Even Kargh's thick skull should be able to hear the sense in that, Anji thought, but held her tongue. Sure enough, the surly Dwarf only muttered to himself. He poked and prodded at the piled stones that hid the mouth of their cave. At last they appeared undisturbed, just a part of the hillside. By the time the sun rose clear of the ridges, no trace of their camp remained to attract a casual glance.
"Now!" Kargh growled. "That's good enough."
Darrick nodded, and they were on their way. The sun was warm under a bright blue sky, but Anji felt a moment's chill. Would this be the last sunlight she would see, her bones left moldering in some lightless cavern? She'd never minded the thought of her body going back to the soil. Born on a farm, her life was but a moment in the circling dance of birth and death, planting and harvesting. She would never give life of her own to that dance. Cast aside as barren by the stout farmer whose third most wife she'd been, she had made her own way by doing odd jobs on farms and in villages until she had enough coppers hoarded to purchase a weapon. A cheap sword and leather hauberk had served to get her hired on as a caravan guard. Saving her pay, she'd bought better arms until she was equipped as well as most.
The pay of a caravan guard was poor, the dangers great. Many soldiers went on from there to a post in some Lordling's private army, but unless there was fighting and a chance for loot, army pay was not that much better. She had no wish to try that path.
Darrick's company had offered a third road to follow, and on a sudden impulse she'd taken it. The caravan had completed the most dangerous part of its journey, and she'd had little to look forward to but a spell of idleness, waiting in Pordigran for another caravan to come along. They'd been lucky to get Tarr and Burdock, two of the apprentice Spell casters who had replaced their slain Sorcerer after the attack by giant spiders. Elm and Kletta had also joined willingly. They all knew that four soldiers were none too many on such a risky venture, but to take any more would have weakened the caravan, left it too poorly guarded. Then, too, there had been none whose company they'd fancied, no skilled fighters who had seemed even marginally trustworthy.
They moved almost soundlessly among the boulders, approaching the main trail with all caution. Anji gestured a warning as the rattle of a displaced stone came from on ahead, and Elm climbed lightly up a tall boulder to spy out what had made the noise.
"A band of Goblins coming up the trail," he reported. "Ten or twelve, mostly fighters. Hurrying to get in out of the sun."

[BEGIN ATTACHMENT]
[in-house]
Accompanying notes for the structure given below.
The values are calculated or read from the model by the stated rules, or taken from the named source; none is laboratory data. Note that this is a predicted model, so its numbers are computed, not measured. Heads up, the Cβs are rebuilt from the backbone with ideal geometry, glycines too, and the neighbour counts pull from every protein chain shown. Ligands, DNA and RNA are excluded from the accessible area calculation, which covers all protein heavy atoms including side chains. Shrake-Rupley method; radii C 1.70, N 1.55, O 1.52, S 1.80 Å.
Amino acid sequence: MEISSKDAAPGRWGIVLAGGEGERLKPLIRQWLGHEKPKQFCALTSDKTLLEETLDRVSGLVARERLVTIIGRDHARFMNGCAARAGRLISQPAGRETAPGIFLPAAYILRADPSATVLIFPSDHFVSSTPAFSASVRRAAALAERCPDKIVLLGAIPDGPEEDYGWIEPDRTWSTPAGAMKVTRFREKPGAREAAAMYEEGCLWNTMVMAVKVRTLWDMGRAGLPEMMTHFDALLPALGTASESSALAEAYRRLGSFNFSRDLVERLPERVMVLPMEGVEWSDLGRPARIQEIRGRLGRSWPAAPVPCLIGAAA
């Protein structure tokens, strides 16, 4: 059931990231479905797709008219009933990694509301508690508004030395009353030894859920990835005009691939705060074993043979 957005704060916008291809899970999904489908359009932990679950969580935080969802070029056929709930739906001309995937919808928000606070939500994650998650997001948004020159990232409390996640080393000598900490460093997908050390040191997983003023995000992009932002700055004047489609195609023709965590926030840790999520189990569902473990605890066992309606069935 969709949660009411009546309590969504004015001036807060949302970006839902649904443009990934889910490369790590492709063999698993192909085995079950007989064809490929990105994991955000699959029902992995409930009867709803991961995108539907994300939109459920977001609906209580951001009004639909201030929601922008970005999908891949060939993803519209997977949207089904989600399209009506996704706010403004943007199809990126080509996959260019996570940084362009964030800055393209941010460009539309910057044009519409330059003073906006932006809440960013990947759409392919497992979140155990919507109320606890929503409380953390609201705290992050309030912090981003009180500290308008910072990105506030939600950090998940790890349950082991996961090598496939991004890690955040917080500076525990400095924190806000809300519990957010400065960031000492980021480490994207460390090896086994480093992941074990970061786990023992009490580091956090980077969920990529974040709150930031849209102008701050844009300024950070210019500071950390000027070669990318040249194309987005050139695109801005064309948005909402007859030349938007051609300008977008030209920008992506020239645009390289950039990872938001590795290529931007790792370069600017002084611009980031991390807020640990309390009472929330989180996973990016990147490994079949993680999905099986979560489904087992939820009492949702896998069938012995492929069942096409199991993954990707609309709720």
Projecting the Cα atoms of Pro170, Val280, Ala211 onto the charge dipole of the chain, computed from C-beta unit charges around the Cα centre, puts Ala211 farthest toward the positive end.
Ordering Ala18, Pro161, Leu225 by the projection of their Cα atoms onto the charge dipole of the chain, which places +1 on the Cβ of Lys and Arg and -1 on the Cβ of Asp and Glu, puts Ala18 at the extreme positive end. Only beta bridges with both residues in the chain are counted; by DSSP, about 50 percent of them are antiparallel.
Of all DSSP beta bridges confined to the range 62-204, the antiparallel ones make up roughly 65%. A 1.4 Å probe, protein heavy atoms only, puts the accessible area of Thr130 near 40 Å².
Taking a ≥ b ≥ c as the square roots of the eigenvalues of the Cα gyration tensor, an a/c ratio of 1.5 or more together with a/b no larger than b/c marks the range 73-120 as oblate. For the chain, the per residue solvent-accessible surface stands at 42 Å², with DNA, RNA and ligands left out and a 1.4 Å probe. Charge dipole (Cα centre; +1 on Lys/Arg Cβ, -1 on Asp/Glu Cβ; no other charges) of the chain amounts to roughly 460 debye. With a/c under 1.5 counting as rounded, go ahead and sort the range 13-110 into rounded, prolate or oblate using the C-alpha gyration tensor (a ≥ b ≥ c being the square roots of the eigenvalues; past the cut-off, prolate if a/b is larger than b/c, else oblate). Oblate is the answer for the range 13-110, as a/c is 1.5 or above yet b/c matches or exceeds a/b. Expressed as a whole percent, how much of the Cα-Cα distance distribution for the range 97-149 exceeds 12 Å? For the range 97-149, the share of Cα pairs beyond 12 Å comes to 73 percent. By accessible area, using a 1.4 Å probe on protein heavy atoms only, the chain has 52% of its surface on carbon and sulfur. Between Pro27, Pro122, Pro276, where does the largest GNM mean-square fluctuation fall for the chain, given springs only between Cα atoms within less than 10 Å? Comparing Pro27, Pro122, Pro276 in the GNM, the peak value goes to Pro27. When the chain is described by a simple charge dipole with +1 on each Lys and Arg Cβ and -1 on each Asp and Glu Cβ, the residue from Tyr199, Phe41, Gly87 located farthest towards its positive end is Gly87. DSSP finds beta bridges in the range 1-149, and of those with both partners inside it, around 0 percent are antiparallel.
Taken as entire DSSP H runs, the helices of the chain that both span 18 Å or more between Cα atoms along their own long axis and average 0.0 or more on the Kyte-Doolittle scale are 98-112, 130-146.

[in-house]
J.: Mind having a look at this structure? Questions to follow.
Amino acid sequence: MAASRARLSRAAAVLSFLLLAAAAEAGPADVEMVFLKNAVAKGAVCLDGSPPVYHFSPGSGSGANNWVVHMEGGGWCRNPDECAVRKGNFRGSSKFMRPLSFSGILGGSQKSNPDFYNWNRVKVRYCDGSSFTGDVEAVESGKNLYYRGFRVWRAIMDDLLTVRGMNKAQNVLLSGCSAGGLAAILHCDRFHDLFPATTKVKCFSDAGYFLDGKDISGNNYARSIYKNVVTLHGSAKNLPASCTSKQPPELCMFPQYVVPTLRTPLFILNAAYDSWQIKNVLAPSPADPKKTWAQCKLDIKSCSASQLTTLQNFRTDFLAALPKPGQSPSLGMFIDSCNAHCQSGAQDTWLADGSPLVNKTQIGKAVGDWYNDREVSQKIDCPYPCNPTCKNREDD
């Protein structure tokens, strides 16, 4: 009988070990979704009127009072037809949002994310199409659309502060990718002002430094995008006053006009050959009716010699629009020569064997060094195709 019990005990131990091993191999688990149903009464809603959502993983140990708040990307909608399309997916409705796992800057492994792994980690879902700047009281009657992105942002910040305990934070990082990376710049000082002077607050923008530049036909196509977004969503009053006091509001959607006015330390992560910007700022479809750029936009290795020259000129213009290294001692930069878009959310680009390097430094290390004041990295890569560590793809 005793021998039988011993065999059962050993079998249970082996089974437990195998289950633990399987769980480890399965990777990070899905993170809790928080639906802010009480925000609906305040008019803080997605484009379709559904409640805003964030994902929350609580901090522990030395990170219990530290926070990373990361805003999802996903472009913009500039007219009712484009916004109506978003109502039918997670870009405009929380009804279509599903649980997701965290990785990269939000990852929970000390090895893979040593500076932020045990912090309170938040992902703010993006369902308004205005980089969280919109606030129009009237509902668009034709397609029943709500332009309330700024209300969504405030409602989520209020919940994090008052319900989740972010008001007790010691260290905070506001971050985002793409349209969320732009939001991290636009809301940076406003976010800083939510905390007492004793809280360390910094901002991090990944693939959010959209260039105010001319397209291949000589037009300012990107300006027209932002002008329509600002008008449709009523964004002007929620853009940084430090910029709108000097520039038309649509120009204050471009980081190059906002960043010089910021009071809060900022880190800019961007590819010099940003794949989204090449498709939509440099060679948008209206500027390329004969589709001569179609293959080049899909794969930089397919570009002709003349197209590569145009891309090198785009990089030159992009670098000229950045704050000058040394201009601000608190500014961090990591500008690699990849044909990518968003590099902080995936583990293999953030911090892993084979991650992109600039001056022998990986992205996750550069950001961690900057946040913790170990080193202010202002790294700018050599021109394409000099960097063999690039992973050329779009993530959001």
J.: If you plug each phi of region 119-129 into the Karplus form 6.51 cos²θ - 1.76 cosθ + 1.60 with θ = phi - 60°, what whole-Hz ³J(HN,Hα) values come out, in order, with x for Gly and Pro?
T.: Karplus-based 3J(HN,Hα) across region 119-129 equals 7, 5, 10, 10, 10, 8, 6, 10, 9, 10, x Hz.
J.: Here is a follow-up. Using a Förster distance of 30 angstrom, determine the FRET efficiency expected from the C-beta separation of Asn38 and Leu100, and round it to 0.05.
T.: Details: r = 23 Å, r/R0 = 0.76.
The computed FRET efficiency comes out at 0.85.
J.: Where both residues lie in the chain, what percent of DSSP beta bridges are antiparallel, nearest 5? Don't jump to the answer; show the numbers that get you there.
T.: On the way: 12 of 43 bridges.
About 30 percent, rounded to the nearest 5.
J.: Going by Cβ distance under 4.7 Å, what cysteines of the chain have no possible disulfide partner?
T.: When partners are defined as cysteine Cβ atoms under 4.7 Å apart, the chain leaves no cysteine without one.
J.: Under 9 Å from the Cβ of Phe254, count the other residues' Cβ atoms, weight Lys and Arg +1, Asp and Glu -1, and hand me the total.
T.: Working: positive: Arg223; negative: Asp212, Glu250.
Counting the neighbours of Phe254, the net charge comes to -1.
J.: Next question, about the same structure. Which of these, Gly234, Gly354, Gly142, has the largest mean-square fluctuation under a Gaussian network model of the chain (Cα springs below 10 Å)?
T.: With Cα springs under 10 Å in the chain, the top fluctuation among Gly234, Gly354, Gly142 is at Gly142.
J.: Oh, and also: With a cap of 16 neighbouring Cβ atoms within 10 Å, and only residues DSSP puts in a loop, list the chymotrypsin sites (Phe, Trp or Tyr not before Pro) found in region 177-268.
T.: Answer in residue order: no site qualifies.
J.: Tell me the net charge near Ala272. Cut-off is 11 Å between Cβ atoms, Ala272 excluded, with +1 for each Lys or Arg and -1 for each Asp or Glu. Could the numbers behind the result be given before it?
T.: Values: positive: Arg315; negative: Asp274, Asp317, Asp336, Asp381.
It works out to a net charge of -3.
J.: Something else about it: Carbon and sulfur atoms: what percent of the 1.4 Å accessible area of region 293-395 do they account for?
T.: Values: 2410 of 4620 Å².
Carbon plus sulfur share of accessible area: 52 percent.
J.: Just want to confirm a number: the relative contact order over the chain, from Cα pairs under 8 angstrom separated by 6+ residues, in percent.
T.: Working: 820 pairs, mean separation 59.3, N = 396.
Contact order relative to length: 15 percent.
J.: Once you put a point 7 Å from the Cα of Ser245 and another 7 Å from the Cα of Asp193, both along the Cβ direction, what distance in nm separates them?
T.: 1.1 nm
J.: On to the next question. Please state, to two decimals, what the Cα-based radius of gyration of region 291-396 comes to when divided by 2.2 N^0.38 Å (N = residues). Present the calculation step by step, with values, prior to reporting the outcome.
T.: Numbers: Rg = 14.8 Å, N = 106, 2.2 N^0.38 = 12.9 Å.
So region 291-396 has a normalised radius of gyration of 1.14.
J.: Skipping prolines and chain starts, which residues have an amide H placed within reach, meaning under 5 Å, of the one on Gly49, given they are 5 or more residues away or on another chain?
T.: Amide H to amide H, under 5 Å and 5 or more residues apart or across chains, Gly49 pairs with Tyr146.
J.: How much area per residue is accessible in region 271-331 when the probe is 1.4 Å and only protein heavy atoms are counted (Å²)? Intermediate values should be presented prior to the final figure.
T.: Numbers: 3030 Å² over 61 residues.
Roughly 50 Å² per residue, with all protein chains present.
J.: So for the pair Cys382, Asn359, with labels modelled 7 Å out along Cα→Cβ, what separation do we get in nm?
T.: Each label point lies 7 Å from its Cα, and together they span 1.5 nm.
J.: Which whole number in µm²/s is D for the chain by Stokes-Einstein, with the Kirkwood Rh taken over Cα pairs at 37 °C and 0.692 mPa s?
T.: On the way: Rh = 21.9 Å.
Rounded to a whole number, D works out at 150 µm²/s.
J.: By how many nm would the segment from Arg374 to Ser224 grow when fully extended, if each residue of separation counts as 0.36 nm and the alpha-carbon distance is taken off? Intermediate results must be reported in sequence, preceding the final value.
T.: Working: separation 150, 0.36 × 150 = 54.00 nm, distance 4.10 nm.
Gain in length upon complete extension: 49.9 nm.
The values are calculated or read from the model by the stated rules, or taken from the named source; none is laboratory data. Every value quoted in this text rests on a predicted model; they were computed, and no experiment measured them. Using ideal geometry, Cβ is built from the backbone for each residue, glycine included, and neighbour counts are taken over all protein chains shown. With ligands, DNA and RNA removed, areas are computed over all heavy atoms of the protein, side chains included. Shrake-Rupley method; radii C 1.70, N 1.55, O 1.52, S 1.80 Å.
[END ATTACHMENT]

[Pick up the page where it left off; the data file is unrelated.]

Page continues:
"No use trying to fool them here where the light is so bright. We'll let them get on past, then strike from the rear. Remember, we need prisoners."
The Goblin band clattered along, the noise waking echoes from the boulders that lined the trail. They were well armed, seeming unafraid of attack, but cringing from the morning sun. Whining voices rose in protest at this daylight march, but a harsh command from their leader silenced them.
The musical twang of Bartan's bow string went unheeded. A scale armored figure at the rear of the troop pitched forward onto its face. Another arrow, another victim. This one was only wounded. A shriek of agony brought its fellows around, gaping wildly in search of enemies. Crossbow bolts and leaden slugs sought out targets. Three more Goblins fell before they fully realized that they were under attack.
The Goblins fired back wildly, missiles glancing off rocks. Before they could fire again, Anji led the attack that penned the survivors in a cleft between boulders. Bartan and Kargh to either side, she pressed forward. Goblins broke and tried to run. Ducking and dodging, the creatures tried to scramble up the sides of the cleft. Tried. Failed.
"Take some of them alive!" Darrick shouted angrily over the screams. A rag pressed to his forehead sopped a trickle of blood. Behind him Baysil ministered to Tarr, though she seemed only slightly wounded.
"This one still lives." Furdick knelt by the one felled by Bartan's second arrow. Legs trailing limply, it had dragged itself a few yards into the shadow of a boulder before collapsing. Stripping away its weapons, Furdick rolled it onto its back. It sucked greedily at his canteen, swallowing convulsively.
"Truce breakers!" It glared blindly up at them from muddy green eyes. "Why you kill?"
"We swore no truce," Darrick answered.
"Dark One call truce," it panted. "No kill. Make war on towns. Raid farms, get women. Dark one give truce word."
"What truce word?"
"Truce word..." The Goblin's eyes were glazed, their inner fire almost gone. "Word is Thunder... Thund... Ahh!"
The gnarled body went limp. Furdick checked the scrawny neck, but there was no pulse.